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Thread: Nutrition

  1. #11
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    Porridge works brilliantly an hour or so before a ride, I have found i perform better on porridge than other breakfast meals. i normally just eat cereal bars during a ride but think i will try and experiment with other things after reading the above. once i finish a long ride I always have milkshake. I am not a fan of chocolate milk so always go for banana or strawberry. I have read chocolate milk is meant to better than most sports recovery drinks, does anyone know if the same applies to banana or strawberry? is it something about the chocolate content? banana shakes still have a good mix of carbs and protein so am hoping the result is the same.
    Twitter: @cyclosally
    http://www.strava.com/athletes/sallymcsorley

  2. #12
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    I used to ignore nutrition a lot before cycling, but now I realise its super important. Yesterday, I was late for my ride so had two crumpets before I left the house instead of my usual porridge. Big mistake! 15 miles into my ride and I felt awful and out of energy - so I will be avoiding the highly processed carbs in the future. What really sorted me out yesterday was my banana and home made muesli bar which is full of nuts, fruits and seeds. I do like the Nakd bars as well - they contain a lot of energy and taste lovely. They're also incredibly slim so you can pop a couple of them in your Jersey pockets.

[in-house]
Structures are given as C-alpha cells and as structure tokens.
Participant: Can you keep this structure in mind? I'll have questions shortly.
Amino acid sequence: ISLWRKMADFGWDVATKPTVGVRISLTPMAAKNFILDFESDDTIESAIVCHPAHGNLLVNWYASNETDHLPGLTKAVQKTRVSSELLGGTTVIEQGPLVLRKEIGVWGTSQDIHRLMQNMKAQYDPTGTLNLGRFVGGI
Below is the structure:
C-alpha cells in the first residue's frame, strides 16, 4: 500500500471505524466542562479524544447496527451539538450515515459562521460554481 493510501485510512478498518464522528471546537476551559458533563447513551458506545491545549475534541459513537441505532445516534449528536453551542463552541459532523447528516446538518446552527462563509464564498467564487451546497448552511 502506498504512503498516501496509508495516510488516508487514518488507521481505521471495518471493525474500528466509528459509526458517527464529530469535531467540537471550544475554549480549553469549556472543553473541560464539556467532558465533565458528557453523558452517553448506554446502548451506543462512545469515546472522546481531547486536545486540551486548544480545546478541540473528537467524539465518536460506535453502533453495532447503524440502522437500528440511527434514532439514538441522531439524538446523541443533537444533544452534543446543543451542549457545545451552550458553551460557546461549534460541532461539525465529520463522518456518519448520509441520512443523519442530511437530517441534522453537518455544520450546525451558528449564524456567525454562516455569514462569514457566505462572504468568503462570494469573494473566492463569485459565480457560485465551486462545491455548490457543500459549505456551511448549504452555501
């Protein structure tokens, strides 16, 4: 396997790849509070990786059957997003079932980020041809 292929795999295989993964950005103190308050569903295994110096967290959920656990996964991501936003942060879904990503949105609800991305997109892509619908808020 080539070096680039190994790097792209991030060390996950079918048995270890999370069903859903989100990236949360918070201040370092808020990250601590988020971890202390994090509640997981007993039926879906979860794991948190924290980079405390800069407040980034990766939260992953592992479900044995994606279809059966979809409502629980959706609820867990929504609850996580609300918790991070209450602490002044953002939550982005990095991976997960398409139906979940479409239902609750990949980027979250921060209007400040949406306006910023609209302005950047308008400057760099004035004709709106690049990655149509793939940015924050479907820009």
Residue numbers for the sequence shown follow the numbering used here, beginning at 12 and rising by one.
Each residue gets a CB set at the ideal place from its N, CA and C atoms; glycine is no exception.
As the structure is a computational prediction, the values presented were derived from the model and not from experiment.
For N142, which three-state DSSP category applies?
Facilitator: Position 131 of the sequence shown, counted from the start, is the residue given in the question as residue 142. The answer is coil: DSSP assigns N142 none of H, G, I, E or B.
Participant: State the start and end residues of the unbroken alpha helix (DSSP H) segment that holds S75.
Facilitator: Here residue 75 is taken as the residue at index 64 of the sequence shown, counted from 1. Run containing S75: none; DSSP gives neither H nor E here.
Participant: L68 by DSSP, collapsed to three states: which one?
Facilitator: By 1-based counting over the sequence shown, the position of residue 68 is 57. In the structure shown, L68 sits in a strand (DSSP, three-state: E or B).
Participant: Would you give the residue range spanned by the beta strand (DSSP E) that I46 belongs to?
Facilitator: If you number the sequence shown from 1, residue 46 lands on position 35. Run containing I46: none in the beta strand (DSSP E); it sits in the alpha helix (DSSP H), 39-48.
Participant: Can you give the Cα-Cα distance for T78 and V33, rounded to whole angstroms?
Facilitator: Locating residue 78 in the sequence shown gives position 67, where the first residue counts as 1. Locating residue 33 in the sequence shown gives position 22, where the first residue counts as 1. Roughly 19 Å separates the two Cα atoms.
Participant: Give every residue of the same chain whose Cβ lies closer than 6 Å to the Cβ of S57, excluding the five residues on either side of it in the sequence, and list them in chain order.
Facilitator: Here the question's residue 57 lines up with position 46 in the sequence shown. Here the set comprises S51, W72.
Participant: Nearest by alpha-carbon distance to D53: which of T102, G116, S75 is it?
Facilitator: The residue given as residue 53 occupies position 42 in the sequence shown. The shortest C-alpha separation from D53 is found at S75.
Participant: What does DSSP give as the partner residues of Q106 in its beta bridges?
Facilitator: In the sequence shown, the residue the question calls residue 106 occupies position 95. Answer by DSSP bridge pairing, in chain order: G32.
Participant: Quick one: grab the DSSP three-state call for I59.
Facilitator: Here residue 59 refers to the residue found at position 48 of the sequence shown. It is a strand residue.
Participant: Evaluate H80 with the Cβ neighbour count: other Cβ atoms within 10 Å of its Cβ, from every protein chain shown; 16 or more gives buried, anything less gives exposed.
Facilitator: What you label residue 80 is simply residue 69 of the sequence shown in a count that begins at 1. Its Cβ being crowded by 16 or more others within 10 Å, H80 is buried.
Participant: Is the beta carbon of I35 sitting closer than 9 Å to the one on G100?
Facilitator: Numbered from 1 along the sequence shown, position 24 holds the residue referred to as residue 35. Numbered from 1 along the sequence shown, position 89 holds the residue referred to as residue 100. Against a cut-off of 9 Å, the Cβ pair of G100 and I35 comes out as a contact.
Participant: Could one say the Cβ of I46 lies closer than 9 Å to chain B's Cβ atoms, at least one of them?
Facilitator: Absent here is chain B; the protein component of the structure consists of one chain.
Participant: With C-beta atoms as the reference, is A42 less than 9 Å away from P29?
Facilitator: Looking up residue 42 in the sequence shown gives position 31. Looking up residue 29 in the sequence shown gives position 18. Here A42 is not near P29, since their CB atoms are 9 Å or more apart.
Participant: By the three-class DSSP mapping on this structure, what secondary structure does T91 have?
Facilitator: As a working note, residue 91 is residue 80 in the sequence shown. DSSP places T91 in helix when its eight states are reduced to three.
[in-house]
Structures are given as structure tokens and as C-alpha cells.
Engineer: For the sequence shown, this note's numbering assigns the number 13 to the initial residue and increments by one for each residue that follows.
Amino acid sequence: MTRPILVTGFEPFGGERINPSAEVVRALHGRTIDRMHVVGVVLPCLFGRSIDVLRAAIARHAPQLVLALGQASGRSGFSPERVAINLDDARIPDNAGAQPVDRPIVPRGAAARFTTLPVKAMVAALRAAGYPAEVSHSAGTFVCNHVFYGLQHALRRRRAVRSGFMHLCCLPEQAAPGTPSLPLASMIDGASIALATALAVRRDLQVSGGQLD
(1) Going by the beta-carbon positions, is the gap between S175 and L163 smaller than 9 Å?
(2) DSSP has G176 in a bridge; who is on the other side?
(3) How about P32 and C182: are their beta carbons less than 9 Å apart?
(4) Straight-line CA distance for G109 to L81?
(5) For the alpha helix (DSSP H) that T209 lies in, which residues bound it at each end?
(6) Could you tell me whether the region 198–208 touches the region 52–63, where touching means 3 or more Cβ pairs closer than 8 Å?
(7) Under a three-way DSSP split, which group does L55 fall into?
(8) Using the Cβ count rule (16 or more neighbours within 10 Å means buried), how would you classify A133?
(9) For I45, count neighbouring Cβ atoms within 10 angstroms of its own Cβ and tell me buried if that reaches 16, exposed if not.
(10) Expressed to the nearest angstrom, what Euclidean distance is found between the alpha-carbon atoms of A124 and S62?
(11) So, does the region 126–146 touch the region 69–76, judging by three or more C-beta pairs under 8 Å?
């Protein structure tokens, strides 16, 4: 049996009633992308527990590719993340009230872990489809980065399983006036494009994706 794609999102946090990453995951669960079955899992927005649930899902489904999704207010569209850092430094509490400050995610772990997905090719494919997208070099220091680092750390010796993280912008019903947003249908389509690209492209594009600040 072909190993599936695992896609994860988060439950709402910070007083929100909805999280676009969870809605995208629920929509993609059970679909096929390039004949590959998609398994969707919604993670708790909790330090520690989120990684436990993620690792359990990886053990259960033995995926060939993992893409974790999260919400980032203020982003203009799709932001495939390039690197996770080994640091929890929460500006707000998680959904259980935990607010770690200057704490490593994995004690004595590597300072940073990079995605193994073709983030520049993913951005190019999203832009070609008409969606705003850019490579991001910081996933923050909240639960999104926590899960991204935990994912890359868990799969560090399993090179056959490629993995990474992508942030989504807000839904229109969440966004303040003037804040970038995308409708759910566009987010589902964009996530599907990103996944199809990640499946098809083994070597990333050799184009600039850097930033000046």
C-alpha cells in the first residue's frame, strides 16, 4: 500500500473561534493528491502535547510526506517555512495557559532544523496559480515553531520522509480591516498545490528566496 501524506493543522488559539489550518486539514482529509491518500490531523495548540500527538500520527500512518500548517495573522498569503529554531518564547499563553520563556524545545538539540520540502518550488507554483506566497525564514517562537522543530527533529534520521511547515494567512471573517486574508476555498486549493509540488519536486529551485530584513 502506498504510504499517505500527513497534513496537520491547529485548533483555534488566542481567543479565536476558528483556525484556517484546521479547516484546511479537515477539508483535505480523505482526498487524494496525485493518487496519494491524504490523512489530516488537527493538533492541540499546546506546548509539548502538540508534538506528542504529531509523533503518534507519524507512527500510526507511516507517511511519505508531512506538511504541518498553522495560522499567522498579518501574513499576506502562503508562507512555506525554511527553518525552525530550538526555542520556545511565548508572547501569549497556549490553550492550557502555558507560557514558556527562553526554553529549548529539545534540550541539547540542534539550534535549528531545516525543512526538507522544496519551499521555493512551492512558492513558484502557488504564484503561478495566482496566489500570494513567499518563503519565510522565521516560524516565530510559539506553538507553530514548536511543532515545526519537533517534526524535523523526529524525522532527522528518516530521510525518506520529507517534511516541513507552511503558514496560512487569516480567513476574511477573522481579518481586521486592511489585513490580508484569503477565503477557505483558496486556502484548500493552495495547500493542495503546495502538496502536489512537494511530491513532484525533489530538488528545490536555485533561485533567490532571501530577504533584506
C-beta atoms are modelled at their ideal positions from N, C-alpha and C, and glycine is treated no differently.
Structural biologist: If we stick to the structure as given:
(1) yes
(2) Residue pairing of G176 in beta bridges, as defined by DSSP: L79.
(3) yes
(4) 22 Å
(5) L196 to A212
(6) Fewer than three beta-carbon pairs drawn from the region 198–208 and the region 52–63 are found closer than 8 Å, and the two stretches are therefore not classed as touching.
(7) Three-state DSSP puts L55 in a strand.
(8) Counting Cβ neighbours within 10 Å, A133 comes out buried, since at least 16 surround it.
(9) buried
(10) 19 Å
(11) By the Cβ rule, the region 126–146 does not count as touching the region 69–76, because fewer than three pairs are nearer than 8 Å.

I was reading on the British Cycling website about this subject and they say that over-fuelling is as bad as under fuelling - you probably only need 20g-60g of carbs per hour depending on your effort levels. I probably over-fuelled by shovelling in a banana and muesli bar on top of each other

    It's all trial and error though and I think you just have to discover what is right for your body


  3. #13
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    It definitely is a bit of trial and error isn't it, and I guess everyone is different too. I realised recently that I was probably focusing too much on carbs and getting the right nutrition for stamina etc.. And that I was probably not getting enough protein, which is essential for muscle repair and general improvement. Does anyone else try and eat lots of protein, and has it helped? I increased my protein intake a few weeks ago so that i was getting around 80-90g per day and my body seems to not like it much! My stomach has felt bloated and uncomfortable on a regular basis since :-( Normally I would probably get around 50g protein a day I guess, sometimes more, but the increase seems to have upset my digestion! :-(
    Twitter: @cyclosally
    http://www.strava.com/athletes/sallymcsorley

  4. #14
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    Hi I'm new to this site as just discovered it in trying to get what information I can for training, I'm doing the RideLondon100 in August, so really trying to get what tips I can to reach the level of fitness required. My furthest ride so far is 30 miles and I had about 3 High 5 Gels which were palatable and a box of pineapple that I took with me (thank goodness) I hadn't really planned on 30 m but just sort of ended up going a long way. I am seriously struggling with hills though and I know I have to go up Box Hill so stressing a bit about that, and also plagued by rotten cold this past couple of weeks. All your advice about nutrition is very helpful though so thank you from me as well.

  5. #15